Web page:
"I think you need anchor parcels to get people out of their cars in any downtown area," says Boyle. "We look at this as an opportunity to have activities that would get people to stop and pause within the downtown area."
The Blue Water YMCA and local theater groups have expressed interest in using McMorran plaza once the renovation is complete and Boyle expects the local chamber of commerce to help out activate the space, as well.
While the the city is still reaching out to donors, they hope to begin construction in summer 2019 and have the ice rink completed by next winter.
There are also more than 115 lofts downtown Port Huron, a living option that allows easy access to downtown attraction without any need for a motorized vehicle.
Getting around downtown without a car is getting easier.Earlier this year, the city expressed interest in creating a pedestrian path on a section of Quay downtown. But plans for that were ultimately dropped after "serious objection by the adjacent business owners," according to Port Huron City Engineer Lennie Naeyaert.
A number of city parks are undergoing or have completed improvements to make them more appealing to pedestrians.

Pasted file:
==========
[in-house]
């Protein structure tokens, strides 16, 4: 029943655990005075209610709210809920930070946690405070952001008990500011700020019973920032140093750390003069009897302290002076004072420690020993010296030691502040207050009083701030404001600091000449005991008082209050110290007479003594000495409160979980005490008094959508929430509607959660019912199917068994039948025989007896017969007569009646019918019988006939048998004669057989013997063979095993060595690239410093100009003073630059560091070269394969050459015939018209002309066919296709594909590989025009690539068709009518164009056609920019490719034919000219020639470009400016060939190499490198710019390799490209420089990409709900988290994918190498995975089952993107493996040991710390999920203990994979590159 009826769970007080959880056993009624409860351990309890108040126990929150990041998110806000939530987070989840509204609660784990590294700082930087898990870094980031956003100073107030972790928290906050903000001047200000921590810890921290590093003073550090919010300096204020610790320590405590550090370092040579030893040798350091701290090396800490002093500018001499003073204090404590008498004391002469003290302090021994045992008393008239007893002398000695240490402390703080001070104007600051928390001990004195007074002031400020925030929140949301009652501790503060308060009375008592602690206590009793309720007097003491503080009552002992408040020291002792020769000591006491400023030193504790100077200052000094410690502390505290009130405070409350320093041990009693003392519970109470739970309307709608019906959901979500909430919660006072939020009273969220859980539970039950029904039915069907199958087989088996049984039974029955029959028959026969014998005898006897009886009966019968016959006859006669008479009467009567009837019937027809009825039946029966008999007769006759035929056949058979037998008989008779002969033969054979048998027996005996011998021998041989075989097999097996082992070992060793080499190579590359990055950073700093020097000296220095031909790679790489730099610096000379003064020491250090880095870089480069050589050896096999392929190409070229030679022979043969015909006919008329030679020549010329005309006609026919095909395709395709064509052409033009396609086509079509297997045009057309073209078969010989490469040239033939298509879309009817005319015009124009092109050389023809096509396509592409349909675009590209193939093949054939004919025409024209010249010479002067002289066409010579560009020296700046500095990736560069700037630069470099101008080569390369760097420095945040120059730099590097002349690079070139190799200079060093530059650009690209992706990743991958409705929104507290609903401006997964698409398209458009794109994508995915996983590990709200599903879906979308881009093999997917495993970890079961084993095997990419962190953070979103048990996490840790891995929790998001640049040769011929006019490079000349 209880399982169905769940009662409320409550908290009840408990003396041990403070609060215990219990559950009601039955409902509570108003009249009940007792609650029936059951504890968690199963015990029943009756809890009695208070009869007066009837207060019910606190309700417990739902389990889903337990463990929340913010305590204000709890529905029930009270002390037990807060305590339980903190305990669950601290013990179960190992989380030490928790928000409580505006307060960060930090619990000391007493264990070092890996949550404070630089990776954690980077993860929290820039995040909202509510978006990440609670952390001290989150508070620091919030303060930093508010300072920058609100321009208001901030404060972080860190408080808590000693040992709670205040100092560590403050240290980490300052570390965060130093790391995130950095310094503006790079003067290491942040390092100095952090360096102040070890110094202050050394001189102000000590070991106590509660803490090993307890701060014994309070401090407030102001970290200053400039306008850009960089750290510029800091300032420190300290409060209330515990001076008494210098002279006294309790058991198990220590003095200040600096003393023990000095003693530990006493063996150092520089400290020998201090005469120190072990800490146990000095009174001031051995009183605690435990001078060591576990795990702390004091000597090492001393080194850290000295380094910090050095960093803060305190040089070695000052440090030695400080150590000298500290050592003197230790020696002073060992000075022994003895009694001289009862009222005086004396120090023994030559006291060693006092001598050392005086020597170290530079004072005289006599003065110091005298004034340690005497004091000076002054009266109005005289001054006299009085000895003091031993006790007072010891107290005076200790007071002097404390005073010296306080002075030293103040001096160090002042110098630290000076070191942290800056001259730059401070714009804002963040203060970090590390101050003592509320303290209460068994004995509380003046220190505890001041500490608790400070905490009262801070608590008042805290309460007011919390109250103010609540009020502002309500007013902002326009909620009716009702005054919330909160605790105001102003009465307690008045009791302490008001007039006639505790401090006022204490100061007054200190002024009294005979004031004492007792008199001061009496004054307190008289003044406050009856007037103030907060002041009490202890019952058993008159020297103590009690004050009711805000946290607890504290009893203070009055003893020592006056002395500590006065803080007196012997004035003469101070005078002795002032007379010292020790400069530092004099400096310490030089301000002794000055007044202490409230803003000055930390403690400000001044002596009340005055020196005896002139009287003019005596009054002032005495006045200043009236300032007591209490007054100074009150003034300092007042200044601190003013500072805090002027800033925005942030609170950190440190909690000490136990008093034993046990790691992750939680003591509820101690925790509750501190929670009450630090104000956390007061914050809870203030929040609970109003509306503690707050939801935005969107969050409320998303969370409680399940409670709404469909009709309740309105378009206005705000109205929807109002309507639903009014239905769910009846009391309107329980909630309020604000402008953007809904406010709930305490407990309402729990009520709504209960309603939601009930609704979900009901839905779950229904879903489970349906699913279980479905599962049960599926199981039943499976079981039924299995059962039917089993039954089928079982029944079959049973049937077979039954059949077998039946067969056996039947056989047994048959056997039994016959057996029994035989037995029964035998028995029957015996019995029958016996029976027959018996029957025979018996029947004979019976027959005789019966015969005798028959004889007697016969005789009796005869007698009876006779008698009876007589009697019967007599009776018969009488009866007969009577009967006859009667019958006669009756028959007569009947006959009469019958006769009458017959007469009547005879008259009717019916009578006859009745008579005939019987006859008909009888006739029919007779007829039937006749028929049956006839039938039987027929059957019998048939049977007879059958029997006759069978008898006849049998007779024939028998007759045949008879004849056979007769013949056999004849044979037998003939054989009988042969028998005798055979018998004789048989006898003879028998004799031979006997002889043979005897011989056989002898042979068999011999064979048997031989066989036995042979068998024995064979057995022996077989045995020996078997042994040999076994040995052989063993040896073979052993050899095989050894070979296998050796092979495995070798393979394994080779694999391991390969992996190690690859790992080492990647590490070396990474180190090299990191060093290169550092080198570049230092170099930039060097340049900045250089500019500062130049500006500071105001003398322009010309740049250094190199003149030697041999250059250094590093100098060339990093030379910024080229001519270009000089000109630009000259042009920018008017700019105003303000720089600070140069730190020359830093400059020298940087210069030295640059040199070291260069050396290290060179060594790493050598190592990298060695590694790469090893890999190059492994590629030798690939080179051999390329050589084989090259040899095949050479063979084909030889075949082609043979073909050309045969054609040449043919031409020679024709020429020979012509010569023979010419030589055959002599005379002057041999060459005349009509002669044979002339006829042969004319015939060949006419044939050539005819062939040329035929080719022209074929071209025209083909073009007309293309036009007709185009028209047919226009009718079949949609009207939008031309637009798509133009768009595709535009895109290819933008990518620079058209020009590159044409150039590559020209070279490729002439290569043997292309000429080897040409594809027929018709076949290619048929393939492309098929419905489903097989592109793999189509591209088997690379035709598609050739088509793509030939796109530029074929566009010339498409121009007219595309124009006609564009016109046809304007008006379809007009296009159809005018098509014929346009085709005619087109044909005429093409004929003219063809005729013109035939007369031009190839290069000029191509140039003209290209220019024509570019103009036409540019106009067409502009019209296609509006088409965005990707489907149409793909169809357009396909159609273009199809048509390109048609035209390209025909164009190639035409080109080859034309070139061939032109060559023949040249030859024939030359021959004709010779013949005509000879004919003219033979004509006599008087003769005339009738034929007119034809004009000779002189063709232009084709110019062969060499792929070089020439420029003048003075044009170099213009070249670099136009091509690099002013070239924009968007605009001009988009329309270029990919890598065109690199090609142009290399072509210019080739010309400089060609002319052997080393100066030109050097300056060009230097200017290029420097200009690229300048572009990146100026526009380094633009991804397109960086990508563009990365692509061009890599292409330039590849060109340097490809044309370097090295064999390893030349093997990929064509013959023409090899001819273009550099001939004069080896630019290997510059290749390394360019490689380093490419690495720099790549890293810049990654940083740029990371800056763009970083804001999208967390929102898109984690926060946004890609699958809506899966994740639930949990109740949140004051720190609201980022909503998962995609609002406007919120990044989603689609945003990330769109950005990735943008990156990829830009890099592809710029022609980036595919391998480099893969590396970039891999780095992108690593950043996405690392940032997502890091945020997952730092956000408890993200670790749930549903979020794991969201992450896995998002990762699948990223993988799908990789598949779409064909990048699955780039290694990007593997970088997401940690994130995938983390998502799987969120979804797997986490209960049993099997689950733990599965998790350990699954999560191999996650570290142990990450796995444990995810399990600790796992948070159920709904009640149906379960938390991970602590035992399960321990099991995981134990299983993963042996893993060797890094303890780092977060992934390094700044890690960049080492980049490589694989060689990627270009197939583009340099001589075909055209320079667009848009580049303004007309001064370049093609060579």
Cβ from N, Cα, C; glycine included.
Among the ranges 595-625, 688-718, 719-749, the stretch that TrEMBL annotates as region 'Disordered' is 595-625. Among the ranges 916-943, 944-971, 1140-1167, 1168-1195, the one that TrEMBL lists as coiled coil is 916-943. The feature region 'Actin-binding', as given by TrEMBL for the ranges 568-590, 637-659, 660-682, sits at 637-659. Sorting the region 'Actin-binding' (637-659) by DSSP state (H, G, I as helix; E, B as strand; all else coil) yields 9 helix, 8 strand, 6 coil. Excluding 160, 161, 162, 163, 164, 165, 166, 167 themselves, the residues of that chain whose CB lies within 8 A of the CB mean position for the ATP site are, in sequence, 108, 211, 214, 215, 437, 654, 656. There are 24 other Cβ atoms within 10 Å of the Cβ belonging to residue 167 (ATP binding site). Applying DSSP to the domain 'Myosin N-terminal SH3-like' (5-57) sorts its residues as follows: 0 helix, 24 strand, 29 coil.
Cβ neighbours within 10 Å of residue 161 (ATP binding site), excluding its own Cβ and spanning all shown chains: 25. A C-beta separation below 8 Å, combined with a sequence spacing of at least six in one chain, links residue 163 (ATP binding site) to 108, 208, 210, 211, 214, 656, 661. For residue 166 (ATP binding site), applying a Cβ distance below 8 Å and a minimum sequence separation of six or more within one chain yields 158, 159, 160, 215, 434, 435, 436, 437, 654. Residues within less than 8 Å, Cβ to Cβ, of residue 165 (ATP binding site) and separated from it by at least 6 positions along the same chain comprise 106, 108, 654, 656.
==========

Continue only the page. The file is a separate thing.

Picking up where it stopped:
"We've got a lot of park improvements coming, and we’re really excited," says Port Huron Parks and Rec Director Nancy Winzer.
Both Pine Grove Park and Lighthouse Park will be receiving major upgrades this year thanks to Michigan Trust Fund Grant, and Lakeside Beach will be getting some pathways connecting with a picnic pavillion. And for young cyclists, there's a new addition to Palmer Park called Sprout City, which features a tricycle track surrounded by interactive playscape buildings.
All this adds up to a Port Huron that is becoming increasingly welcoming to people traveling by non-motorized means. And that's not certainly not happenstance; City Manager Freed says these improvements are central to the city's continued success.
"Walkability and a pedestrian-friendly community are directly linked to economic growth and viability," he says. "If we want to attract people, we need to have a 21st century economy where people want to be; walkability is key to that."